Adverse weather can affect anyone, although those who use farm equipment may face particular issues.
A recent report from Colorado State University noted that there could be as many as 15 named storms this year that originate in the Atlantic basin. Breaking down the prediction further, the school's forecast team said there would be eight hurricanes, with four of them being "major."
"Based on our latest forecast, the probability of a major hurricane making landfall along the U.S. coastline is 69 percent compared with the last-century average of 52 percent," said William Gray, a CSU representative.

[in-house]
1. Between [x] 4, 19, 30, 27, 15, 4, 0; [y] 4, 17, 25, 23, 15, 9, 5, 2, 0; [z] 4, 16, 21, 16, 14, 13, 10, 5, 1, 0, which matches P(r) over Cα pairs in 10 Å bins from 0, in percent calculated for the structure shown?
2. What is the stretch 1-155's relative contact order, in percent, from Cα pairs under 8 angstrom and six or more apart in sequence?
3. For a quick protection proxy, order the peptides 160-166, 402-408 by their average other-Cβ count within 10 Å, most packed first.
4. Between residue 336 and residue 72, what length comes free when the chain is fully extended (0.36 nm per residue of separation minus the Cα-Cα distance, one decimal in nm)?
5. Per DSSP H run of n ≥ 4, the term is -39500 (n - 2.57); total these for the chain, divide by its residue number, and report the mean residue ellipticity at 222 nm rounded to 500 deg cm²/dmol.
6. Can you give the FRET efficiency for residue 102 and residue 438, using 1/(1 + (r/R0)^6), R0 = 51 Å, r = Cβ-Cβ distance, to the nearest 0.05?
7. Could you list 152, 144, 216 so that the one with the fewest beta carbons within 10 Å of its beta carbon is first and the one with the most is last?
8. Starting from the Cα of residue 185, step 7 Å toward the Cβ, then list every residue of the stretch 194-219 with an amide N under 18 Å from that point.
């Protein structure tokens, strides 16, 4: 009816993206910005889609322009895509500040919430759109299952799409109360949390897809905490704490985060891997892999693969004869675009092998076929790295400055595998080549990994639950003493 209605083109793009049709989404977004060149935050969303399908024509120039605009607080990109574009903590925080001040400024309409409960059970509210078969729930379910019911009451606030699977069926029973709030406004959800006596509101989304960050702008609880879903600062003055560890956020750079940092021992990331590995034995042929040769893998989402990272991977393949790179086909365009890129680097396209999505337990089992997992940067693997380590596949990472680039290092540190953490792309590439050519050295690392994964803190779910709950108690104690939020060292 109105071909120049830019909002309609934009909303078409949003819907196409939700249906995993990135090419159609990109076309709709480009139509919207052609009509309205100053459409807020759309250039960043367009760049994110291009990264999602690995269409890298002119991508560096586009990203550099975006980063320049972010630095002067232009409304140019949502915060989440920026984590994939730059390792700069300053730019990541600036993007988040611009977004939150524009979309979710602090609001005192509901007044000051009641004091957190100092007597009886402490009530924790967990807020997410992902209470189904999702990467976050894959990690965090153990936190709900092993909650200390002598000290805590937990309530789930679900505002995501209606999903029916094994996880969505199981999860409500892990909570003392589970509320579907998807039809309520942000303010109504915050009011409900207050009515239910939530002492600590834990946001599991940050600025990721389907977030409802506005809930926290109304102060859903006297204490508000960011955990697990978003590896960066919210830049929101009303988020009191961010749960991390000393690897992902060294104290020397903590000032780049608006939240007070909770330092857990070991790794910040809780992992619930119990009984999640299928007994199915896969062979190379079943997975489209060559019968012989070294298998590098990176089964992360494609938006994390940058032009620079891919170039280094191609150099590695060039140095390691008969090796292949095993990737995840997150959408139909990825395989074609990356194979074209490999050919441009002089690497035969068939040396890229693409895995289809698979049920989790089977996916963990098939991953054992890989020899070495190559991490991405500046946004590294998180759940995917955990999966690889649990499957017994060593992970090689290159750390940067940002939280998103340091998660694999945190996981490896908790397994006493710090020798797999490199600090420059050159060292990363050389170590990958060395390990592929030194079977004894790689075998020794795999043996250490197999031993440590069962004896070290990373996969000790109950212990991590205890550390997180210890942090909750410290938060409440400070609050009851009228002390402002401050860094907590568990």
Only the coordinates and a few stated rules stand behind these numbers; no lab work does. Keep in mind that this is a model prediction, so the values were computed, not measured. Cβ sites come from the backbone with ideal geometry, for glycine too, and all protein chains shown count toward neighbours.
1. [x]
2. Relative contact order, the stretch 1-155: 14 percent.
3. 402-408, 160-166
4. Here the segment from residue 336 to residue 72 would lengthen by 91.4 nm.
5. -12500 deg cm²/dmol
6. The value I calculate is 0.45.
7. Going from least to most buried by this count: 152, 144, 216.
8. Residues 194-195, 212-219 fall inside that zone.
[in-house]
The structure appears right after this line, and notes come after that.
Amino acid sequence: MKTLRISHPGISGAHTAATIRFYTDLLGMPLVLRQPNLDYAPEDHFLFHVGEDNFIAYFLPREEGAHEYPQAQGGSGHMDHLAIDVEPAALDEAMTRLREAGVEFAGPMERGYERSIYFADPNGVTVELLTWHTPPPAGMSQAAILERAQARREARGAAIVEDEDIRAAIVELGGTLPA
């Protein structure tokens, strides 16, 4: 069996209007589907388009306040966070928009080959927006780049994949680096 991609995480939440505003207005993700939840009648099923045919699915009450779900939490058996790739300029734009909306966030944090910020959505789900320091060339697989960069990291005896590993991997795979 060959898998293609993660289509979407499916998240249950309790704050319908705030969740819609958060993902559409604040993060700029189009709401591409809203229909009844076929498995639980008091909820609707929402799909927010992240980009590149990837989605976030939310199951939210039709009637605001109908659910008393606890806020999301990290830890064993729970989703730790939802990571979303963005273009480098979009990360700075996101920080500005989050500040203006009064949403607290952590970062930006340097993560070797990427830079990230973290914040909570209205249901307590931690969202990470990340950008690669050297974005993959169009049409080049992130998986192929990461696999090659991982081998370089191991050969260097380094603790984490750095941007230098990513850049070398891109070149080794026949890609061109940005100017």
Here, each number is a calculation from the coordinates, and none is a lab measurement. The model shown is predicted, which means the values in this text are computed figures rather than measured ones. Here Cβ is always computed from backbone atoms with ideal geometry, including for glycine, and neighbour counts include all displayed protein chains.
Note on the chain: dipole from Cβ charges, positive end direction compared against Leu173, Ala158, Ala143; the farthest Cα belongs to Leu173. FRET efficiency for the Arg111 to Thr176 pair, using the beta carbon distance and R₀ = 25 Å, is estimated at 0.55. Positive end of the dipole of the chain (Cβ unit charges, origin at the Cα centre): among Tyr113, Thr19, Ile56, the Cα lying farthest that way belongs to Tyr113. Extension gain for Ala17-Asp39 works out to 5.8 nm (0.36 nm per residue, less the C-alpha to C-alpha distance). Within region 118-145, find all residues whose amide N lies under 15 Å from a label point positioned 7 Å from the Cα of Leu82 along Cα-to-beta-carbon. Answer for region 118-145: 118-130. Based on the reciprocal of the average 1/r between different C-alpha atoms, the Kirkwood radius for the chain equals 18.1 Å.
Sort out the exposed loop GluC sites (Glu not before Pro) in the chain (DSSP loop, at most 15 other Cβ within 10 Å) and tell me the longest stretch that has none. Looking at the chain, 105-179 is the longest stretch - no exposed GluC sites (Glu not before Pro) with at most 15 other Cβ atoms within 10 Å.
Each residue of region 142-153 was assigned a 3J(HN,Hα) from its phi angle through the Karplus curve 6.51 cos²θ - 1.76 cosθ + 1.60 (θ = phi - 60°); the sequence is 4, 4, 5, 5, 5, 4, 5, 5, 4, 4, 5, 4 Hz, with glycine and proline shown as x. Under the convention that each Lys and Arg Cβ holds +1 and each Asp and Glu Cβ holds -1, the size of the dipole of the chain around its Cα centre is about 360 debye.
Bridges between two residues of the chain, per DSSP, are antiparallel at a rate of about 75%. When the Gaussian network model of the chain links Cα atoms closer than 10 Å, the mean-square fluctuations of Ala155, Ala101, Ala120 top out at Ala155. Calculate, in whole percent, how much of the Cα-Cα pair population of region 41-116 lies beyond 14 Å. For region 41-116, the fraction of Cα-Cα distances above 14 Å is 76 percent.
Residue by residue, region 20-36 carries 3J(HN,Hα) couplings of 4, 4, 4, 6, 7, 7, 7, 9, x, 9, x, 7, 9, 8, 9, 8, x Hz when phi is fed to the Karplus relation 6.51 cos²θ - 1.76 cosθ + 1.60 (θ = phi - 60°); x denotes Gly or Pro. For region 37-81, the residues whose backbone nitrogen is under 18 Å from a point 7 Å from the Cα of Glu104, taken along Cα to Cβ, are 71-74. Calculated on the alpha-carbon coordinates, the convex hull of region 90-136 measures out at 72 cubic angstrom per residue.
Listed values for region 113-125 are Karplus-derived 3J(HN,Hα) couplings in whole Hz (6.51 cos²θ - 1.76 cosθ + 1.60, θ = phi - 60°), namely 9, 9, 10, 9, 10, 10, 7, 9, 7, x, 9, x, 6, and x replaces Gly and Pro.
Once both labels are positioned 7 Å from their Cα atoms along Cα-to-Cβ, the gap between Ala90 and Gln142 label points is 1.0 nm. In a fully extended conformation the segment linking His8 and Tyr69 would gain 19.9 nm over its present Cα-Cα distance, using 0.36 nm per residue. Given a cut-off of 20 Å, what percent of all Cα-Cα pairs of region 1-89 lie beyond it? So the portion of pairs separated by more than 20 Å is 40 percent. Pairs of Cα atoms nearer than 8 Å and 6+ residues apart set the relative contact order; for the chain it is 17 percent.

Hurricanes not only damage homes, but can also cause havoc among agricultural products in affected areas. For example, an estimate released by the U.S. Department of Agriculture in 2005 indicated that farm losses from Hurricane Katrina were almost $900 million.
Other weather factors, such as flooding, can also cause headaches for those who use farm equipment to make a living. Heavy rains can make it too wet to plow, delaying planting and harvesting. Excessive moisture can also ruin crops, as was the case in parts of the U.S. last year.
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